Our Climate Is Headed Toward 'Extremely Dangerous' or 'Catastrophic:' Here's Our Best Off Plan For Staving Off Total Disaster
The following excerpt is from the introduction to Alex Steffen's new book, Carbon Zero. The rest of the book is available as chapters on Grist and in ebook form on Amazon. You can learn more about Steffen at his website AlexSteffen.com or follow him on twitter @AlexSteffen.
On Monday the 29th of October, 2012, a tidal surge 13.9 feet high (the highest ever recorded) washed up and over the waterfront in Lower Manhattan, pushed forward by the superstorm Sandy. That same week, the storm destroyed large swathes of coastline from the New Jersey shore to Fire Island, while driving torrential rains, heavy snows, and powerful winds inland across the eastern U.S. and Canada. By the time the storm blew out, it had killed more than 100 Americans, made thousands homeless, left millions without power, and caused at least $50 billion in damage. Sandy was, by any reckoning, one of the worst natural disasters in American history.
Maybe, though, the word “natural” belongs in quotes. Because what was surprising about Sandy wasn’t that it happened (indeed, many had predicted that rising sea levels and storms intensified by warmer oceans would make something like Sandy inevitable), but that it was seen so clearly, and so immediately, for what it was: a forewarning of what a planet in climate chaos has in store for us.
Sandy was far from the first sign that climate change is here — scientists have been warning for decades of the dangers of a heating planet, and in the last 10 years we’ve seen a flurry of unprecedented storms, droughts, floods, melting glaciers, and wildfires, as well as record-breaking heat waves following one after another. Sandy, though, knocked down walls of denial and inattention that have kept us from admitting what’s happening to our world.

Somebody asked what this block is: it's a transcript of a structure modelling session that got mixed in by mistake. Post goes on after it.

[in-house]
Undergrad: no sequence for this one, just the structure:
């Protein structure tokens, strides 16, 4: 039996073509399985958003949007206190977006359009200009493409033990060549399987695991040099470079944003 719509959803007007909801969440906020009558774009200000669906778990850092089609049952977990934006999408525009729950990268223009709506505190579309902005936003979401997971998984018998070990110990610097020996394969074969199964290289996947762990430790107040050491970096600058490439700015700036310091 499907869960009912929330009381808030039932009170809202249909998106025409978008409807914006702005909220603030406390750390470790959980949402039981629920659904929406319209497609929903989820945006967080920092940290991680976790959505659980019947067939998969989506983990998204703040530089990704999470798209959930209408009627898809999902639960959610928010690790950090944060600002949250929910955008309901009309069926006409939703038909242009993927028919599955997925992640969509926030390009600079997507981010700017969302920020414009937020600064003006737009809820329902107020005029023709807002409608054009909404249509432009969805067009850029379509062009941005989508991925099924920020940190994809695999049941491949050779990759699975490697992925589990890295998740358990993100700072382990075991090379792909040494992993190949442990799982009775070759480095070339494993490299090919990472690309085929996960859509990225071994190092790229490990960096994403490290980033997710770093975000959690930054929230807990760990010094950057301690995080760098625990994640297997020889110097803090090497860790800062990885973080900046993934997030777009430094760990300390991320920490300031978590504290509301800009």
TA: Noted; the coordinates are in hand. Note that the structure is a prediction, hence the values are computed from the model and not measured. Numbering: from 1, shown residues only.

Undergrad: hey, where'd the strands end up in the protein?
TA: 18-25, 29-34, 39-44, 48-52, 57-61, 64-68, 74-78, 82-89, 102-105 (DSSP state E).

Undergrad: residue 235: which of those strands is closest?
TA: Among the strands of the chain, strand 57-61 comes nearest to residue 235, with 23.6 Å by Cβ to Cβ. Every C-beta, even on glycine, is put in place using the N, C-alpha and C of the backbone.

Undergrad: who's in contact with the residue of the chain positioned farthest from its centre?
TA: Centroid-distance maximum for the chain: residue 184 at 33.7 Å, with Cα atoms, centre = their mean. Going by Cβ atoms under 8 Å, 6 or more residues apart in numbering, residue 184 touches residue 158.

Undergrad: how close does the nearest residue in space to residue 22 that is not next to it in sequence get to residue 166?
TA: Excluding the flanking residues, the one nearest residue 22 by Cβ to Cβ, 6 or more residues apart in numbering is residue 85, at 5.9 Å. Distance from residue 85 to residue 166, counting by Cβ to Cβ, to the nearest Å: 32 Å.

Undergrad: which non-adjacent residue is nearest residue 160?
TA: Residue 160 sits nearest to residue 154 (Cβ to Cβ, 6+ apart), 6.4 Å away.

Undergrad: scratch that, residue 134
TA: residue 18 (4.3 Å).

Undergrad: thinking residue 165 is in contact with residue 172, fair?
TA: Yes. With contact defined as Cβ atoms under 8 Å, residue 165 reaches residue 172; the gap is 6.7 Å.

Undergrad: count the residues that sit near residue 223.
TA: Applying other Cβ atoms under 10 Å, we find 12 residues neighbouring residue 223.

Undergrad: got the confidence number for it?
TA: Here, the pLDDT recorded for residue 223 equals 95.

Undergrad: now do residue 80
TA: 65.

What’s happening is that we’re losing the climate fight. Climate change is here, it’s worsening quickly, its effects are more dire than many thought they would be, and — if we continue with business as usual — we’re on a track to unleash an almost unimaginable catastrophe on ourselves, our children, and our descendants.
“Part of learning from [Sandy] is the recognition that climate change is a reality,” said New York Gov. Andrew Cuomo at the time. “Extreme weather is a reality. It is a reality that we are vulnerable.” He added later, ”Anyone who says there is not a dramatic change in weather patterns is denying reality.”
Our choice: “extremely dangerous” or “catastrophic”
To not warm the planet at all no longer remains an option. The Earth is already dangerously hotter than it was before the Industrial Revolution.
We used to think that warming up to 2 degrees C fell within a sort of “safe zone,” where we could expect change but not crisis. But in a world we’ve warmed only by about 1 degree C above the historical baseline, we’re already seeing massive climate impacts across the planet. These unexpected impacts, along with new projections from ever-improving climate models, tell us that the climate is not nearly as forgiving as we’d like it to be. As the Tyndall Center for Climate Change Research’s Kevin Anderson puts it, “1 degree is the new 2 degrees.” Two degrees, meanwhile, now appears not just dangerous, but extremely dangerous.
That means the menu of choices in front of us no longer includes a completely safe and stable climate. Instead, our choices come down to two options: a world in which climate change becomes extremely dangerous, or one in which it becomes totally catastrophic.